Today is International Women’s Day. South Sudan has been ranked the toughest country in the world for a girl to get an education (One Campaign), yet we know that girls’ education is proven to be the most effective intervention in addressing poverty reduction. Nagomoro Bridget, Founding Chair of Ibba Girls’ School and former County Commissioner, was the only girl in her village to continue education past the age of 10. She always dreamed of opening a girls’ school in Western Equatoria State in South Sudan. In 2011, she asked a team in the UK to help. We sat down with Bridget to find out more about her and her commitment to opening up education to girls in South Sudan.
When I was a child, my father believed that education was for all, both for boys and girls. My community and relatives were not in favour of educating girls though, only boys. Nobody but my father supported me with my education. Today, I foster education for the entire village. I am so proud that I have broken the circle of illiteracy in Ibba.
My dream was ultimately to improve the academic standard of my community and shed light amongst the darkness. To do this, I needed the financial help at a large scale to facilitate the human resource demand and the materials. I met Professor John Benington from the UK and persuaded him earnestly to support me. He agreed to help me with the implementation of my dream and to satisfy my hunger for girls’ education. It was soon after that Friends of Ibba Girls’ School was set up.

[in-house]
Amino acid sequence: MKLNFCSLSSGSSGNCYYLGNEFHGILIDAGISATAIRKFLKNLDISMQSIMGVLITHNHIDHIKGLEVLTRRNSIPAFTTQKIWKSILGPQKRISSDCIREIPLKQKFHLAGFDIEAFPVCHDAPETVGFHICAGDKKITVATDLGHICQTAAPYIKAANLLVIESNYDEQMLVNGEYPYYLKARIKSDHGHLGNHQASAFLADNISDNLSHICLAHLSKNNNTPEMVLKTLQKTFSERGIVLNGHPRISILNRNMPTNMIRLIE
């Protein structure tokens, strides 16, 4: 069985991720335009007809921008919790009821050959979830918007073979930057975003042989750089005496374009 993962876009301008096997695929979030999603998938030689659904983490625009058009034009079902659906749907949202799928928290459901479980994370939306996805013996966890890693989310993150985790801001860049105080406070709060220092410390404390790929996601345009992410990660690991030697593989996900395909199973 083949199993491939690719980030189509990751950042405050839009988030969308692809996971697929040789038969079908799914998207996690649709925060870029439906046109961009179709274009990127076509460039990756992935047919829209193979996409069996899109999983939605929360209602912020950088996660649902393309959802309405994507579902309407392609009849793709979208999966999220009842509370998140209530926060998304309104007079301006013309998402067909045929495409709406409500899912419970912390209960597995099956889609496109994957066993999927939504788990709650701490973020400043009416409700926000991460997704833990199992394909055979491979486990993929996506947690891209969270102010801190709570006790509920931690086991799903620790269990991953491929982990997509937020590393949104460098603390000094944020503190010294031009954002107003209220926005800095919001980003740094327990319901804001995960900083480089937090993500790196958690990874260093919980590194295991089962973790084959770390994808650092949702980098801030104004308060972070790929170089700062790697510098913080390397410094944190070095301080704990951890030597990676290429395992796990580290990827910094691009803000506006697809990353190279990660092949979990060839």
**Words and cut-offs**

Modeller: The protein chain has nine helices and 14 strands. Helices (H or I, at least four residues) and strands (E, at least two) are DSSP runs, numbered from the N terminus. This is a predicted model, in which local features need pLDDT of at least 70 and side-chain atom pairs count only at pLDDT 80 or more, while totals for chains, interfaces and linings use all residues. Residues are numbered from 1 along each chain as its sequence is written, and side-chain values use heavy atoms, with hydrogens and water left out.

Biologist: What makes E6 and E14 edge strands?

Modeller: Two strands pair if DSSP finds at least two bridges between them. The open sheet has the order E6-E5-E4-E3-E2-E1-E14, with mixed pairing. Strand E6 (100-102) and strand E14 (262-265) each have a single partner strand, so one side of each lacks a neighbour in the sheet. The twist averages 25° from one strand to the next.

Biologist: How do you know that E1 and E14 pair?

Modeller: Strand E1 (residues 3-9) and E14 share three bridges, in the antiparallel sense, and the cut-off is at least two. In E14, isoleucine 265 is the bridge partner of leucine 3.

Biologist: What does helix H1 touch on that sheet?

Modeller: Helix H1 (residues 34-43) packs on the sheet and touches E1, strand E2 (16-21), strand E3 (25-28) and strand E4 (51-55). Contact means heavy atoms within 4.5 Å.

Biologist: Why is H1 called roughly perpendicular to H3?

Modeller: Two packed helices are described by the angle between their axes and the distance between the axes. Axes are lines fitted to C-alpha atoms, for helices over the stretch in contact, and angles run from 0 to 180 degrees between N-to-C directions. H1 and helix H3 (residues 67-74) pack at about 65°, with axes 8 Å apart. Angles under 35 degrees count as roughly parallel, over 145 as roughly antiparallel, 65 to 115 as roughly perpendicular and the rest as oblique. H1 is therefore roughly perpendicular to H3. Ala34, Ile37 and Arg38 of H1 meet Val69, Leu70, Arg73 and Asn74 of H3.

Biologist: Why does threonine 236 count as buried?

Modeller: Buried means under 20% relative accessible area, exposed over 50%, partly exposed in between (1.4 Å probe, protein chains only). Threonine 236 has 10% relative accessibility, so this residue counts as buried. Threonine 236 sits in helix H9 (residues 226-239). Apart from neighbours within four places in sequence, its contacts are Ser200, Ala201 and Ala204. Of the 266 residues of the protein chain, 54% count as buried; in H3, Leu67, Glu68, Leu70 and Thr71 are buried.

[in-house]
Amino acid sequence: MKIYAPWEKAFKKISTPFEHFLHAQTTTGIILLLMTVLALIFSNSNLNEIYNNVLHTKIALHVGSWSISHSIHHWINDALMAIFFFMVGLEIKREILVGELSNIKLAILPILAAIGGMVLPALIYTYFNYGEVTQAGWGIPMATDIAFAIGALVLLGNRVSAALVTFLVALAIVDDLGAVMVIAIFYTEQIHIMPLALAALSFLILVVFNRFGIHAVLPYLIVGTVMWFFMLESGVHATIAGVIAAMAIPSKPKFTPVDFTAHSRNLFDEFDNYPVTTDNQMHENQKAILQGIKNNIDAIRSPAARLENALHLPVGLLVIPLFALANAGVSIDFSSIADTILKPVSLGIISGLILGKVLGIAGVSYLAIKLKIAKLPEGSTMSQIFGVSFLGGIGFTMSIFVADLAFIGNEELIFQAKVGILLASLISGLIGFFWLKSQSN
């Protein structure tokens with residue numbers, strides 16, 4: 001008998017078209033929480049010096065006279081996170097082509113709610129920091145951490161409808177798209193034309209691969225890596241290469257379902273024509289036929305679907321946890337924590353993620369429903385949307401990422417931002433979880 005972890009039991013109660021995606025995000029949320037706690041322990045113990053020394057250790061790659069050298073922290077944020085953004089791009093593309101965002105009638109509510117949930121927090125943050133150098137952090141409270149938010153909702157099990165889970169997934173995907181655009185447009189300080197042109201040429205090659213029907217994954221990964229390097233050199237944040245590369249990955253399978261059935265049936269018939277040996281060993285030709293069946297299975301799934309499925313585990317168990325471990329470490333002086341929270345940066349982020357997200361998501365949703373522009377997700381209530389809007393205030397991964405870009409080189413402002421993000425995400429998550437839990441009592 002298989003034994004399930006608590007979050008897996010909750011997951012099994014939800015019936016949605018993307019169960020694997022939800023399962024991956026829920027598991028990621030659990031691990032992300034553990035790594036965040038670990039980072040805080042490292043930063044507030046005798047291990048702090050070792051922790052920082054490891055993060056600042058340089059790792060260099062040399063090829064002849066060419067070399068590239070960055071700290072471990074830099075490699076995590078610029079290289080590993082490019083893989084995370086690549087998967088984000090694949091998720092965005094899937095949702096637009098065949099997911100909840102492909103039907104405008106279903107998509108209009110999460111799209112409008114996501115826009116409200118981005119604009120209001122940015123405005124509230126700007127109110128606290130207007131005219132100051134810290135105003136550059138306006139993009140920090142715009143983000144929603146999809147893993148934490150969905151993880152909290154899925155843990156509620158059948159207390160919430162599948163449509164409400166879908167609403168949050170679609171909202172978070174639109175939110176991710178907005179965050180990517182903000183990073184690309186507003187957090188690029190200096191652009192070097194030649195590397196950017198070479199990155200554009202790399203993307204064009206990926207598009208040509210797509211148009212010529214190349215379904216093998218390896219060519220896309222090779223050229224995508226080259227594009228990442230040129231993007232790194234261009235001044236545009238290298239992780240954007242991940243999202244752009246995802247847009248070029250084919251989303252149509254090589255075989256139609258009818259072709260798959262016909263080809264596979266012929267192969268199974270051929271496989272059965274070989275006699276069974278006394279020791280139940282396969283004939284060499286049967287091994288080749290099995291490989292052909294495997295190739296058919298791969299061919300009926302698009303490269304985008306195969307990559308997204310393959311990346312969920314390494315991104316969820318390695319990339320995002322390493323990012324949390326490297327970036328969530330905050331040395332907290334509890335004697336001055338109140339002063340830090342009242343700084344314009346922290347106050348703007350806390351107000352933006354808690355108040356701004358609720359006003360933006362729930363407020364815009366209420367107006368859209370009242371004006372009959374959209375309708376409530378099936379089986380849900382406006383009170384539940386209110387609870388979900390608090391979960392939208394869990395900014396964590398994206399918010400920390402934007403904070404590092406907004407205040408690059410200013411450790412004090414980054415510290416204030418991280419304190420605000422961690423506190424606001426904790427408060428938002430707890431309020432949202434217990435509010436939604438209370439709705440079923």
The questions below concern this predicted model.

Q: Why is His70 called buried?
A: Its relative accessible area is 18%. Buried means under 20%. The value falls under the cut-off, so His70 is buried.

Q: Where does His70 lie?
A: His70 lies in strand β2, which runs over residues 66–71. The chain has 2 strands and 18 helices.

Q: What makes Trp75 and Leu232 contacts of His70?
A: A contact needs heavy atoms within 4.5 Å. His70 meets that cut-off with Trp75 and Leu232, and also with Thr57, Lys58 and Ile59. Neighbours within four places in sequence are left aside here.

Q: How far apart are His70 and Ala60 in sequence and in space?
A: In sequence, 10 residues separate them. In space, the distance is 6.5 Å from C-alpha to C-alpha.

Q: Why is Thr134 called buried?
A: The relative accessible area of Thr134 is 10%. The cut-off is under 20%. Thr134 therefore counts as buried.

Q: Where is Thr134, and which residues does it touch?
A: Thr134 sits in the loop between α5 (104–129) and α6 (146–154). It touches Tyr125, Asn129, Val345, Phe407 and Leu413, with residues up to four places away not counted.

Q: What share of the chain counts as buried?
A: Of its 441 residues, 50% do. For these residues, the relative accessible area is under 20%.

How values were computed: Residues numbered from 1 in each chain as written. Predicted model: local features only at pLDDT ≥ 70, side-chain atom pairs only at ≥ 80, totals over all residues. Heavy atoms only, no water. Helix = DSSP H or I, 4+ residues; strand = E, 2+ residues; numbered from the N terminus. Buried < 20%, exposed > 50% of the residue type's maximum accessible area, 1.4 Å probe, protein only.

Working as a woman in government in South Sudan was challenging. I had to measure my intelligence, capacity and muscles with male counterparts to deliver services to the community and the State government. However, I loved it. It has strengthened me mentally and physically. It has helped me to become a competitive woman with men.
The most important piece of advice I would share with a young woman living in South Sudan is that women’s liberty lies at the heart of education. Acquiring knowledge through education liberates us from the agony of illiteracy, to deliver equal service with men and work shoulder-to-shoulder in developing our nation. This is the only way to fight intimidation and the marginalisation of women in society. The rights and efforts of every woman must be recognised at all levels. A woman’s intelligence will not be a source of benefit to others while she’s deprived of her rights. I tell the girls that they must always remember to leave their legacy behind for the next generation to learn from and to improve upon, since we pass in this world only once.